Cheerleaders all around us—that’s the way some people see life. Last fall on All Saints Day, we celebrated the concept—being cheered by departed saints now in another realm.
But sometimes inspiration arrives like a wake-up slap. We expect one reaction from someone, but receive something entirely different. That happened to me the other day when I arrived at a friend’s for our Spanish language practice.
We normally dive headfirst into phrases, stories, and vocabulary. But this time, I was in a bad frame of mind. I didn’t even realize how low I’d sunken until my compatriot voiced her concern.
“What do you mean, you can’t do this?”
“I have zero motivation, no energy for it, and I just plain don’t want to.”
“But . . . but you’ve come so far! Why sabotage yourself now?”
I had no acceptable reply. What was, was. My feelings mastered me. Logic flew out the window with an unrespectable thud.
And so did our Spanish practice. Instead, a spirited woman basically forced me to work on something I knew was necessary for my writing success, but had put off. Indefinitely. Maybe forever.
Encouragement sometimes tracks us down in unexpected ways. It did me that day. My Spanish mentor became my kick in the pants.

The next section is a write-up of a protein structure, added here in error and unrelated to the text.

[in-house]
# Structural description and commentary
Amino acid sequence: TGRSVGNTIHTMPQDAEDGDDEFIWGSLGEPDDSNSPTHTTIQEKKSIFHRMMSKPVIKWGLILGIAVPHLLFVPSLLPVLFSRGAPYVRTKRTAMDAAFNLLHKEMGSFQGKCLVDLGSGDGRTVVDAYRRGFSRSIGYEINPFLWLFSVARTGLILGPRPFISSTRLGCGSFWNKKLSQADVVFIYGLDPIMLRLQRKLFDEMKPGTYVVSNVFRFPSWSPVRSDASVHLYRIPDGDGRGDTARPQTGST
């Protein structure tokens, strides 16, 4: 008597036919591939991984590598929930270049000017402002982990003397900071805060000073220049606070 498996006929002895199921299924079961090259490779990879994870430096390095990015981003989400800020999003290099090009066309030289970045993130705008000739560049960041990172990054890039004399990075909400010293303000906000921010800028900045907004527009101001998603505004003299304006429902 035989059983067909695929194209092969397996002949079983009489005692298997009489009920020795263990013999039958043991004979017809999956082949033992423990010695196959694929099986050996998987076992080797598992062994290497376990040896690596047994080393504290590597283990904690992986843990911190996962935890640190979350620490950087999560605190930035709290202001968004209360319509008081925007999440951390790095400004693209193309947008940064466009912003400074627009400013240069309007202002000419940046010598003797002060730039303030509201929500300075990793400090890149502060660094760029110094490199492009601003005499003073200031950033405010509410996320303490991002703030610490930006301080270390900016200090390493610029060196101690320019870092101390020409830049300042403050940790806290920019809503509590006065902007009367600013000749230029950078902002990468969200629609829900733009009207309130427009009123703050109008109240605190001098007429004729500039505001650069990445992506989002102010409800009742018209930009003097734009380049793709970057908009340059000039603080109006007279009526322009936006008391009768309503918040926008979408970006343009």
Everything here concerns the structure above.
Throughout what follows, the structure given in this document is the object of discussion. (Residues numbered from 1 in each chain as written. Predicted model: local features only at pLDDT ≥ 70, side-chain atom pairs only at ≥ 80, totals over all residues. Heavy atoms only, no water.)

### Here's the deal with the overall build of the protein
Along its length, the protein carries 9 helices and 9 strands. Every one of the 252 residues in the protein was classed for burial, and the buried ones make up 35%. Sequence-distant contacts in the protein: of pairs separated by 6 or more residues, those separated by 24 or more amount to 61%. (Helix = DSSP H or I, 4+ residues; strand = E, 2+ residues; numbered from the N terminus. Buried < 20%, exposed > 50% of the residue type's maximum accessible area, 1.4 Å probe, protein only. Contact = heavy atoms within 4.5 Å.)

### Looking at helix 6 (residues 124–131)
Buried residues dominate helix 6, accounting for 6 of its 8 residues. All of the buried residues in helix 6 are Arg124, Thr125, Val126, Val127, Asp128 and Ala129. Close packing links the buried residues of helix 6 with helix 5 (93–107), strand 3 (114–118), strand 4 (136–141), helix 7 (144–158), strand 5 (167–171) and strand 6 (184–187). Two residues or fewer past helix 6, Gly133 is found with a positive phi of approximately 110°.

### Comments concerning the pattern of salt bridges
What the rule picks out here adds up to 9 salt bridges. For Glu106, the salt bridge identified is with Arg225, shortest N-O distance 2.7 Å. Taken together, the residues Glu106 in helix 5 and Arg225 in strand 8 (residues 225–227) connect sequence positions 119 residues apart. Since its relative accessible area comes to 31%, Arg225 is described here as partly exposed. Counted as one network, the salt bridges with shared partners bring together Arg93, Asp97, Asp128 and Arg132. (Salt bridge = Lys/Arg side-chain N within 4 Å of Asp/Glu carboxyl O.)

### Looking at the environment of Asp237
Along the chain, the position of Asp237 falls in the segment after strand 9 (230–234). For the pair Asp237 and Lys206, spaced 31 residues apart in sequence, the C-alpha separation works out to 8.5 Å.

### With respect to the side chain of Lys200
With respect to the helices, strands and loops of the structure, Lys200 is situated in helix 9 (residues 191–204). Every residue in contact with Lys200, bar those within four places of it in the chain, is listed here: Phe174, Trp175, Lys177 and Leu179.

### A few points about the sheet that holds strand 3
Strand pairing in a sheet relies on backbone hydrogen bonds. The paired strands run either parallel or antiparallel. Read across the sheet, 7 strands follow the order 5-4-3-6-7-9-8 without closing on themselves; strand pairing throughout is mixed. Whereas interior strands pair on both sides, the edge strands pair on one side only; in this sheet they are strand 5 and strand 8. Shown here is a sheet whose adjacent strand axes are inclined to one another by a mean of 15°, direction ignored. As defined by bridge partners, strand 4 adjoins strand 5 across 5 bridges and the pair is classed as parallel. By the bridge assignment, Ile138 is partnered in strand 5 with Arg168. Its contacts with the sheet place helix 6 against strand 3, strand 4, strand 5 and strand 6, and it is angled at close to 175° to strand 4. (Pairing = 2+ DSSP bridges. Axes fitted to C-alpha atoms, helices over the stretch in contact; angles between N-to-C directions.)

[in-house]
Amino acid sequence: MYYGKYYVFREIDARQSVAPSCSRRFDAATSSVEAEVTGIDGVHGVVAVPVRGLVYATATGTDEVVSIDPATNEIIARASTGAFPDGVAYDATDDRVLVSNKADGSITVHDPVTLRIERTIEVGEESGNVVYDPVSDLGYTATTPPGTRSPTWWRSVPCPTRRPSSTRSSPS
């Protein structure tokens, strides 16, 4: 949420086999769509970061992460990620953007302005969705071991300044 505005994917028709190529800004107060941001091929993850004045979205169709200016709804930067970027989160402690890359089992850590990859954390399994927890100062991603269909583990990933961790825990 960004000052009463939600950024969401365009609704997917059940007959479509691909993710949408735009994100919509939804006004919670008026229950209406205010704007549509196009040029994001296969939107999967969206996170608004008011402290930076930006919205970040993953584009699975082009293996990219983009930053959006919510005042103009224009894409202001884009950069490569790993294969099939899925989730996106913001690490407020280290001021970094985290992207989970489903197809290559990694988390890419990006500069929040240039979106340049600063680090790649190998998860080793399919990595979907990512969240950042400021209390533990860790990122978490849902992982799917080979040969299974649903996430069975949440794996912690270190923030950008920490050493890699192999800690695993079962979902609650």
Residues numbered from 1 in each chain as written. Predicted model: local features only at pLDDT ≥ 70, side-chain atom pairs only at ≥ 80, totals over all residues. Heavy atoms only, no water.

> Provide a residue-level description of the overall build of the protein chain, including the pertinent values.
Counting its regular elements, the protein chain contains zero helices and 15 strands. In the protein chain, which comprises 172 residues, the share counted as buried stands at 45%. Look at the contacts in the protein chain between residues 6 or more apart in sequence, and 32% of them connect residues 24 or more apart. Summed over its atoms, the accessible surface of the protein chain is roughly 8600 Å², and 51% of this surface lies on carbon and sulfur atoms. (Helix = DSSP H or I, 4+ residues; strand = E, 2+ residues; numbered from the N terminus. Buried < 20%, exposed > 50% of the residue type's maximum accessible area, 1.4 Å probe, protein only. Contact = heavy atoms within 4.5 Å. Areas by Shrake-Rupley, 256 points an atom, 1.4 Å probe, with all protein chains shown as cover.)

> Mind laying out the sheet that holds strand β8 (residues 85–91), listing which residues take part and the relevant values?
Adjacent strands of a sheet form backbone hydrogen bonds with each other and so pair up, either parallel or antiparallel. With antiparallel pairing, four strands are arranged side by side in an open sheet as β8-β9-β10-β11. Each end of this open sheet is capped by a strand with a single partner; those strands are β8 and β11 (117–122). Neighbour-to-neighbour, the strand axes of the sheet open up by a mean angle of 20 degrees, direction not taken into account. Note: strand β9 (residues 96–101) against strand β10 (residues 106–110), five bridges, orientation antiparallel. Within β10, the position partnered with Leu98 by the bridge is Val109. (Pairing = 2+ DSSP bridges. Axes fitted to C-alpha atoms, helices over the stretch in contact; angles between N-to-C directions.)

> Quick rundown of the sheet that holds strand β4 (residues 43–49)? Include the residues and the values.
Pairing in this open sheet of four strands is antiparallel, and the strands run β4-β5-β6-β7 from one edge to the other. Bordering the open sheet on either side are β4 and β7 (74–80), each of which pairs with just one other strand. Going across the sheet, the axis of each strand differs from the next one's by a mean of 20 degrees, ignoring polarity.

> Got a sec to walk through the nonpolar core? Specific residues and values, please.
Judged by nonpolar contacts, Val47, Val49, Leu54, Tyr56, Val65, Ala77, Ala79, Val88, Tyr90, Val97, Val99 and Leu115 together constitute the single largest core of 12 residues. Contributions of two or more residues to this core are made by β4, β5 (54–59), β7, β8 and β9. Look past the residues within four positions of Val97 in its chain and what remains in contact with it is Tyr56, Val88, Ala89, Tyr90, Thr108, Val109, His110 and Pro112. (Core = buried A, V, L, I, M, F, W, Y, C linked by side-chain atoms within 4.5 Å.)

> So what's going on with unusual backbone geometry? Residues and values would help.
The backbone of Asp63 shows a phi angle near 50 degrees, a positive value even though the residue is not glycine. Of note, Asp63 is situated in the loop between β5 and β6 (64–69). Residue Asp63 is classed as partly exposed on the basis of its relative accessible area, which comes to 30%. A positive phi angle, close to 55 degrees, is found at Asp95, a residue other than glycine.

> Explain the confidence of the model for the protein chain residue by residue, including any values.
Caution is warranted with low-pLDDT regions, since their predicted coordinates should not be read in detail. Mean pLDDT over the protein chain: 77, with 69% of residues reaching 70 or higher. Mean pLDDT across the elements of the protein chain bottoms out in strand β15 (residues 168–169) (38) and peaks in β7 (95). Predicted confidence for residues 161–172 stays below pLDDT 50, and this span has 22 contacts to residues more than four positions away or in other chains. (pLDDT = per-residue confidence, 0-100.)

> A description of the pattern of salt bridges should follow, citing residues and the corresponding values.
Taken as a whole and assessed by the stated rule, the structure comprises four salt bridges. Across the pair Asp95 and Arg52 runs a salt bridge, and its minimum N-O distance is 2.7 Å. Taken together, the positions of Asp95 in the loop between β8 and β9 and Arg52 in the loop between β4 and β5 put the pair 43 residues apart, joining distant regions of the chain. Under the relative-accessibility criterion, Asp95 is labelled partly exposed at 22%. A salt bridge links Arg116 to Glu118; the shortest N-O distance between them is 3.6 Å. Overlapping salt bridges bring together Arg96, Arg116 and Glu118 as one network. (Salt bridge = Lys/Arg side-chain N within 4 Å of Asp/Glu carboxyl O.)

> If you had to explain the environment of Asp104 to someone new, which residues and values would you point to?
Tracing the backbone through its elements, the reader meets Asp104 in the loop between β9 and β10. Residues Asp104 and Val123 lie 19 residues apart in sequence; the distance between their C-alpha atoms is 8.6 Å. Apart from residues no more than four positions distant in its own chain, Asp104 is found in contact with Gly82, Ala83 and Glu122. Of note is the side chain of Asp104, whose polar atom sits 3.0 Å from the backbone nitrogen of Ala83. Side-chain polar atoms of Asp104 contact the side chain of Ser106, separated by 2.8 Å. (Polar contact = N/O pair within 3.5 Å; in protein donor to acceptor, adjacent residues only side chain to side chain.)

This summer, our neighbor gave me some Easter egg plants—no, not eggplants. By late July, we had the real thing on our hands.
People raved about them all summer, especially when the “eggs” turned yellow, then gold in September and October. You simply don’t expect to see eggs sprouting from green foliage.
The same is true of the encouragement I received the other day. It behooves us to keep alert for unforeseen support from any and every quarter. My November release, Catching Up With Daylight, highlights stories of reassurance from unlikely sources, often in difficult times, and the importance of living in the present moment so we can realize the gifts that come our way.
How about this as a personal daily goal for 2014?
After teaching English as a Second Language and expository writing, Gail enjoys her family (married 35 years, two children and two delightful grandchildren) and writing. Her nonfiction (Catching Up With Daylight/WhiteFire Publishing, August 2013) and fiction (World War II era) share a consistent theme—empowerment.